The fire alarm management industry is already using smart devices, says Keith Minster, product manager of Drax Technology.
Do you read those articles that predict the ‘hot technologies’ for the year ahead? If so, you’ll know that the Internet of Things (IoT) featured in almost every one as THE big thing of 2016.
However, the narrative surrounding each mention differed greatly. The Internet of Things (IoT) is either going to save the world or is “a solution in search of a problem” it seems.
While I don’t believe that IoT is the answer to every question known to man, I can’t help thinking that whoever made the comment about solutions and problems certainly wasn’t a facilities manager or, indeed, connected with fire prevention.
In case there are still a few people around who don’t know about the IoT, I’ll explain. It describes a world where devices and objects have network connectivity, allowing them to send and receive data. If you need proof of its commercial potential, I’ll just remind you that Google recently spent $3.2 billion (£2.25 billion) to acquire Nest, a company which enables the connection of thermostats to smoke detectors and smart phones.
In the sphere of building management, the concept is really not so new. In many areas sensors are already being used to monitor and buildings, their systems and their occupants, providing the data to make informed choices around comfort, safety, security, resources and more.
Soon FMs and others will be able to view, integrate and analyse data from multiple different devices. This way they can get a snapshot view of the performance of their entire global portfolio on their smartphone or tablet, wherever they are.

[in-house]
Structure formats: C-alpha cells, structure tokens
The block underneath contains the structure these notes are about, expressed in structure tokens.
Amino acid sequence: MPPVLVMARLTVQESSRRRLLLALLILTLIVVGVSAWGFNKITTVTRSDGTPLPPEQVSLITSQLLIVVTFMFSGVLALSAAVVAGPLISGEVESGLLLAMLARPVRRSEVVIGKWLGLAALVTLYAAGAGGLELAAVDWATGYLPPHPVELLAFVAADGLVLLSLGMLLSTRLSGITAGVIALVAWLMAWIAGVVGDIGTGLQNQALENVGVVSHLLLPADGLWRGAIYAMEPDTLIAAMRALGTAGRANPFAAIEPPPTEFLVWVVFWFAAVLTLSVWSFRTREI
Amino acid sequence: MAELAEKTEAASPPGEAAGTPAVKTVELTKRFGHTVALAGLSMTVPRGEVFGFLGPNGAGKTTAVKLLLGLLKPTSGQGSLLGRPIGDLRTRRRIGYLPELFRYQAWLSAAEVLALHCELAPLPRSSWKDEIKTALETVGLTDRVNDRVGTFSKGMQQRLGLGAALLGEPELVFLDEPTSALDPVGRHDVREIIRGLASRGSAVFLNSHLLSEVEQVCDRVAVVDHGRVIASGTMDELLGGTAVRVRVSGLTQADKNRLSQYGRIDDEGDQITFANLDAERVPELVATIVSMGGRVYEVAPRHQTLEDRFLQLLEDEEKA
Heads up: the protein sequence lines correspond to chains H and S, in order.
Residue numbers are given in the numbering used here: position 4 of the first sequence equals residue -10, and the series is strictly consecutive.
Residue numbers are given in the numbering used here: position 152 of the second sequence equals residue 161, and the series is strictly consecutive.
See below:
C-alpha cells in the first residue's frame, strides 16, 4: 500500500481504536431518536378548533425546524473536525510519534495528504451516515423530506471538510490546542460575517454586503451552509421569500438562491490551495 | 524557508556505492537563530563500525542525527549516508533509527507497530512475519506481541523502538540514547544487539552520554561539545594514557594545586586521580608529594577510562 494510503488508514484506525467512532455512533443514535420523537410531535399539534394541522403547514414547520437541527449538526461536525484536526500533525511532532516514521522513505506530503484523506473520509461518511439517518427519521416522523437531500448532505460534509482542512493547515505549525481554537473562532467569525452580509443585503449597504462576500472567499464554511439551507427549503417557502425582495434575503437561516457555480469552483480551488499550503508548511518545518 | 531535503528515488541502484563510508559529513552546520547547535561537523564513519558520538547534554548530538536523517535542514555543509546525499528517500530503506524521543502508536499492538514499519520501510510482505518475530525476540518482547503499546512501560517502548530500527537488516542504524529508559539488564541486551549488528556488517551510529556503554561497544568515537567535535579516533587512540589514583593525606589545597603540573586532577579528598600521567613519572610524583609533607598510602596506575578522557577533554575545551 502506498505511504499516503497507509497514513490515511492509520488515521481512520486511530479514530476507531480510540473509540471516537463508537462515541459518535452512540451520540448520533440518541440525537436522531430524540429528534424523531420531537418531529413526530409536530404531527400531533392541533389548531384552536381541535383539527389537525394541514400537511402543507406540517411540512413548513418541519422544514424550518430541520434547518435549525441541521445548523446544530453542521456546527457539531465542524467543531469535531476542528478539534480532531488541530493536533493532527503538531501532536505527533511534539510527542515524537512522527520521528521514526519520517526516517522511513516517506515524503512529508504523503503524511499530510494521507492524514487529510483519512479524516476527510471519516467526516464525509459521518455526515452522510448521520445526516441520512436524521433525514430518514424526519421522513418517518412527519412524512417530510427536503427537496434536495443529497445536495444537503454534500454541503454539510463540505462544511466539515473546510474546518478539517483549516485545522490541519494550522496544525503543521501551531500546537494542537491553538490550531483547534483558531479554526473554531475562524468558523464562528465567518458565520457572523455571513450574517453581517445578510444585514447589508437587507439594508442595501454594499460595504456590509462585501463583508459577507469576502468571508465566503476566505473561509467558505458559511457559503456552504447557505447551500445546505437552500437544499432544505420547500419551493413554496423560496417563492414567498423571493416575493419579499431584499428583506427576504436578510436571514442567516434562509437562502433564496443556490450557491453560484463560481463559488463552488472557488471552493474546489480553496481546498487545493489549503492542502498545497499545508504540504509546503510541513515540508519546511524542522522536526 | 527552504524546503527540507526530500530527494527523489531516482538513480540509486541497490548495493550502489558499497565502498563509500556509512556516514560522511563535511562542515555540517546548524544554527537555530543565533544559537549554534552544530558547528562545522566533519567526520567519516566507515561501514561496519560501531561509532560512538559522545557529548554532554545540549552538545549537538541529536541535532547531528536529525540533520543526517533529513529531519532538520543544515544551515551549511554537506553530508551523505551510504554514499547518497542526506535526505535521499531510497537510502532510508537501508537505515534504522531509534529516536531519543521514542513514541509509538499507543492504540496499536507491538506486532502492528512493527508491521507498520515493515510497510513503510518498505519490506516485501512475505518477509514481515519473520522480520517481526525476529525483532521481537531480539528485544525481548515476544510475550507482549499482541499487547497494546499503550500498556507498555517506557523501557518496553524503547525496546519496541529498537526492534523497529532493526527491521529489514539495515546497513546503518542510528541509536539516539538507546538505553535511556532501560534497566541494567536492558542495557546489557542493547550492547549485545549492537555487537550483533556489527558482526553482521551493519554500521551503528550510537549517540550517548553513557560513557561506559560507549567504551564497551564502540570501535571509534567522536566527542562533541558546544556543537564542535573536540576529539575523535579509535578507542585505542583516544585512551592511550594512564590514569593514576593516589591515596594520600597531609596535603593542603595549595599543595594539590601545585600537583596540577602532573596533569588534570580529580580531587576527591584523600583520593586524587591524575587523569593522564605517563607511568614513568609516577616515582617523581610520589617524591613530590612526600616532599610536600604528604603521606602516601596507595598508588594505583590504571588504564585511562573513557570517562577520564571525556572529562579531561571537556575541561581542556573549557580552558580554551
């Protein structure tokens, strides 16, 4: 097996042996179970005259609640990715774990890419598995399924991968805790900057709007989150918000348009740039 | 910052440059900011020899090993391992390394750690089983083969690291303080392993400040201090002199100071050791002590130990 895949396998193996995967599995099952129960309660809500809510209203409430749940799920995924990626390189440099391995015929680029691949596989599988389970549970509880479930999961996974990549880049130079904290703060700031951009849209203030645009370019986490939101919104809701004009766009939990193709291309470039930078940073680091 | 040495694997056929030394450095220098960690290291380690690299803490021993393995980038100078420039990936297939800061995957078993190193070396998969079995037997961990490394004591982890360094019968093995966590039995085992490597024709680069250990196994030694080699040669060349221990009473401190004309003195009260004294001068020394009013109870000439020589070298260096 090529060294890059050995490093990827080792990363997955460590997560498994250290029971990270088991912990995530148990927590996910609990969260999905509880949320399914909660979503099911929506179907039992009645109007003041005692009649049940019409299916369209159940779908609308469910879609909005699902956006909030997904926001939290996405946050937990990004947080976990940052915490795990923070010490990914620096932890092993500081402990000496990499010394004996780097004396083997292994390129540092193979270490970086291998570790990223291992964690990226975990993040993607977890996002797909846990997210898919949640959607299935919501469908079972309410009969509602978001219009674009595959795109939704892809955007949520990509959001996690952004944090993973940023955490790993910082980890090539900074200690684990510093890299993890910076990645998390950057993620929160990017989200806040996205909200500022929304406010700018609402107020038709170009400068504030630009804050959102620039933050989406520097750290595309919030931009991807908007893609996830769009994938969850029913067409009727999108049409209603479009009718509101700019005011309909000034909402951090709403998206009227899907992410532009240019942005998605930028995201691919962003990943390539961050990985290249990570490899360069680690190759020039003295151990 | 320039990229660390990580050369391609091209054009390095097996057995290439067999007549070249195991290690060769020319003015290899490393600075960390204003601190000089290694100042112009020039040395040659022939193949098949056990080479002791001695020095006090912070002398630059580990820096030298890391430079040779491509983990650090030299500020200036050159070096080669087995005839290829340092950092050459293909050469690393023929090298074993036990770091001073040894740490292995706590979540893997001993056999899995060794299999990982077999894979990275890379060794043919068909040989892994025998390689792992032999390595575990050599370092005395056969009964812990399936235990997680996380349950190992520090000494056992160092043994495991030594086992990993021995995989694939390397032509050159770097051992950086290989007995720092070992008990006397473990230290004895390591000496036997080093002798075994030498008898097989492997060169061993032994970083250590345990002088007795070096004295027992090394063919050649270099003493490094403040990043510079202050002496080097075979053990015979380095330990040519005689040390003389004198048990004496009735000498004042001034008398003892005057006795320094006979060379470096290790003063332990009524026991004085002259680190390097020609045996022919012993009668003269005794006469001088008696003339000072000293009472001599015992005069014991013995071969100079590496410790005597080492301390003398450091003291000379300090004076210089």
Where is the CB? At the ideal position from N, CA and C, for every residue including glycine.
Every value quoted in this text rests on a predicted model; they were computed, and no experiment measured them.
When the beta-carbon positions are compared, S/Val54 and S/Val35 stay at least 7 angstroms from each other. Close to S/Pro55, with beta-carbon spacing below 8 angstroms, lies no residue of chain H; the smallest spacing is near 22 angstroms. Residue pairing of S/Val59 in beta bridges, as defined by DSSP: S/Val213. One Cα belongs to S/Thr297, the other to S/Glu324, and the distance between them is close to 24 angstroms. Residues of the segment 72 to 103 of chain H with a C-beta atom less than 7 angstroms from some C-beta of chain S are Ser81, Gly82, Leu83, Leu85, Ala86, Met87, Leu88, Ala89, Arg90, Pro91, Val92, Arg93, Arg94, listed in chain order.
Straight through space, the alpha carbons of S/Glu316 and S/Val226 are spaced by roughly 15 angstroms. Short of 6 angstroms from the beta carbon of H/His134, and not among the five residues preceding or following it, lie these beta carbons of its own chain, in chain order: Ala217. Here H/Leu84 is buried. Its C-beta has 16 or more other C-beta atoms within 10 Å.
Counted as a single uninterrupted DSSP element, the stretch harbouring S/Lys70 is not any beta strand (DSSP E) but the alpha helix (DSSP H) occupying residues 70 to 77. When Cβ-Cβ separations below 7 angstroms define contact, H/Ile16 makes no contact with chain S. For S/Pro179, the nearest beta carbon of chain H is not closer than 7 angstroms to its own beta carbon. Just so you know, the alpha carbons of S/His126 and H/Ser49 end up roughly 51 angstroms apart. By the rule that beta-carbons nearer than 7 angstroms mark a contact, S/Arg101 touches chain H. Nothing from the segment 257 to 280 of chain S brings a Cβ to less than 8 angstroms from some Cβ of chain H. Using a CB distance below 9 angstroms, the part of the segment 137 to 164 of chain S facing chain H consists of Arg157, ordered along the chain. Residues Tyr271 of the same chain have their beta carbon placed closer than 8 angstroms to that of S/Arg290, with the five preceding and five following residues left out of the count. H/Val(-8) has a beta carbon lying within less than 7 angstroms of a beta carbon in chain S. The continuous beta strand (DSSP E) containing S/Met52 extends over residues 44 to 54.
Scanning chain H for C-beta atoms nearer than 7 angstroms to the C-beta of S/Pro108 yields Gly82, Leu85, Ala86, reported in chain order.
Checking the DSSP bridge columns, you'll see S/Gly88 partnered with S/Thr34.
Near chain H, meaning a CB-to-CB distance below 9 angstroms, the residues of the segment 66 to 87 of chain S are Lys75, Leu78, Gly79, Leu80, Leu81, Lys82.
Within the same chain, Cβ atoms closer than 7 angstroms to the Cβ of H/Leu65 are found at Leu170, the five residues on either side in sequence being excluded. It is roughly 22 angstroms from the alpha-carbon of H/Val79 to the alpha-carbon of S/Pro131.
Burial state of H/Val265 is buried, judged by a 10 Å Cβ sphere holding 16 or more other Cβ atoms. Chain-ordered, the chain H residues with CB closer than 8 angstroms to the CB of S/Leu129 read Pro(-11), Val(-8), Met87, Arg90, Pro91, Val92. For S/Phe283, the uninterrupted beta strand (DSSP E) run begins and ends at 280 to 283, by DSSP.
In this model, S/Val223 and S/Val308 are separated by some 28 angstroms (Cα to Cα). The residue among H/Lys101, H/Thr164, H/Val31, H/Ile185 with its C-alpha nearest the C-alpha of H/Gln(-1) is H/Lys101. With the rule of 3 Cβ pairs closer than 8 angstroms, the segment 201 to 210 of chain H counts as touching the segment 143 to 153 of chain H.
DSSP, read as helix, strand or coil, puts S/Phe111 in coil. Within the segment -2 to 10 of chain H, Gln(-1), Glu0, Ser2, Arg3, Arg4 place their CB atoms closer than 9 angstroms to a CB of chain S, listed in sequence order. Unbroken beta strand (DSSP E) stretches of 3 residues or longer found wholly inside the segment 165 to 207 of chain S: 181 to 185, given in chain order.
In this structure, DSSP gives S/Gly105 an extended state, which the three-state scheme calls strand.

Also read: Kone partners with IBM for smarter buildings
IoT and fire management
For those outside the sector this may not sound a big deal. However, take just one aspect of this; the management of the fire alarm system. Even if the task of monitoring and managing the system is outsourced (as it often is) the building, facilities manager or owner is ultimately responsible. Yet a typical portfolio will include buildings with a complete mix of different systems, even within the same building.
Consequently, it’s almost impossible to know the current status, even if they have the event log from the fire alarm control panel to demonstrate a system has been tested. They are at the mercy of their chosen maintenance company – but if something does go wrong, they will get the blame.
Fortunately, new and intelligent systems can integrate information from almost every make of fire alarm systems via the internet, so it can be viewed on mobiles, laptops or tablets from anywhere in the world. This data can also be used for compliance purposes and prove that whoever is responsible has done everything they can to ensure a building is safe.
So, whether you call it smart, intelligent or the IoT (or all three), it’s very much a solution to a problem, rather than the other way around.